As Tennyson is the most harmonious, so Shelley is the most musical of modern bards. I fear to touch upon that grand old man, Coleridge; he appears to me so utterly apart from his contemporaries. He stands, like Teneriffe, alone. Can I liken him to a magnificent thunder-scorched crag with its summits eternally veiled in vapour?--H.K.

The Bereaved One

She sleeps--and I see through a shadowy haze, Where the hopes of the past and the dreams that I cherished In the sunlight of brighter and happier days, As the mists of the morning, have faded and perished.

She sleeps--and will waken to bless me no more; Her life has died out like the gleam on the river, And the bliss that illumined my bosom of yore Has fled from its dwelling for ever and ever.

I had thought in this life not to travel alone, I had hoped for a mate in my joys and my sorrow-- But the face of my idol is colder than stone, And my path will be lonely without her to-morrow.

I was hoping to bask in the light of her smile When Fortune and Fame with their laurels had crown'd me-- But the fire in her eyes has been dying the while, And the thorns of affliction are planted around me.

There are those that may vent all their grief in their tears And weep till the past is away in the distance; But this wreck of the dream of my sunshiny years Will hang like a cloud o'er the rest of existence.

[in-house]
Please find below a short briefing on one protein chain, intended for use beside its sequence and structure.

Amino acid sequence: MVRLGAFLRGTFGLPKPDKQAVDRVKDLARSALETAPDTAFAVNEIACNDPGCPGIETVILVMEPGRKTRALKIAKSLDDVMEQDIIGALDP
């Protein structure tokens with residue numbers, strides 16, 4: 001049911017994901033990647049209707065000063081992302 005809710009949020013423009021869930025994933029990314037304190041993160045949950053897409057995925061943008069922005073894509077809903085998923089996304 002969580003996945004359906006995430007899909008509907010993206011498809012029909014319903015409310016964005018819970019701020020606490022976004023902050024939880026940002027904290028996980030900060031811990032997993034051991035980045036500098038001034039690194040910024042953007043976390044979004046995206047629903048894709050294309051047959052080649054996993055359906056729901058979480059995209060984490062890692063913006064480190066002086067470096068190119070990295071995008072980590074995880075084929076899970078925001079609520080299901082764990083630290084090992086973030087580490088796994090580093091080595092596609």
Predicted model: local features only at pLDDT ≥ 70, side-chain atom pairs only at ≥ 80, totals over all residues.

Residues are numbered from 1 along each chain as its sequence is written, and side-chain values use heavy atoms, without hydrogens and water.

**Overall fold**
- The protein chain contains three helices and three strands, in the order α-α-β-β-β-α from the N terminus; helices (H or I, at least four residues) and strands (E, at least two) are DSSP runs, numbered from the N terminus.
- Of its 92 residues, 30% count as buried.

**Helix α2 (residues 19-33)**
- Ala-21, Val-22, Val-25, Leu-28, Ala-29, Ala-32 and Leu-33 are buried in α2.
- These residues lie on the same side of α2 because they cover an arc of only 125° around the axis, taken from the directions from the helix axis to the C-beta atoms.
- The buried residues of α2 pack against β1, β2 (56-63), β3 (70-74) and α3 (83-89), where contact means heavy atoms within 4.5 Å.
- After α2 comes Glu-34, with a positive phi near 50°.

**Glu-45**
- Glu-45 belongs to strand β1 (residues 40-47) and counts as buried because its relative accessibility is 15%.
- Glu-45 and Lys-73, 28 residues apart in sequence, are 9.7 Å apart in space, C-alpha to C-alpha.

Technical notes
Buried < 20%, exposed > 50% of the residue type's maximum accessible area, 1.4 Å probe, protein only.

In the depth of my soul she shall ever remain; My thoughts, like the angels, shall hover about her; For our hearts have been reft and divided in pain And what is this world to be left in without her?

Dungog

Here, pent about by office walls And barren eyes all day, 'Tis sweet to think of waterfalls Two hundred miles away!

I would not ask you, friends, to brook An old, old truth from me, If I could shut a Poet's book Which haunts me like the Sea!

He saith to me, this Poet saith, So many things of light, That I have found a fourfold faith, And gained a twofold sight.

He telleth me, this Poet tells, How much of God is seen Amongst the deep-mossed English dells, And miles of gleaming green.

From many a black Gethsemane, He leads my bleeding feet To where I hear the Morning Sea Round shining spaces beat!

To where I feel the wind, which brings A sound of running creeks, And blows those dark, unpleasant things, The sorrows, from my cheeks.

I'll shut mine eyes, my Poet choice, And spend the day with thee; I'll dream thou art a fountain voice Which God hath sent to me!

And far beyond these office walls My thoughts shall even stray, And watch the wilful waterfalls, Two hundred miles away.

For, if I know not of thy deeds, And darling Kentish downs, I've seen the deep, wild Dungog fells, And _hate_ the heart of towns!

Then, ho! for beaming bank and brake, Far-folded hills among, Where Williams,* like a silver snake, Draws winding lengths along!

-- * A tributary of the river Hunter, after Hunter, on which Dungog stands.

And ho! for stormy mountain cones, Where headlong Winter leaps, What time the gloomy swamp-oak groans, And weeps and wails and weeps.

_There_, friends, are spots of sleepy green, Where one may hear afar, O'er fifteen leagues of waste, I ween, A moaning harbour bar!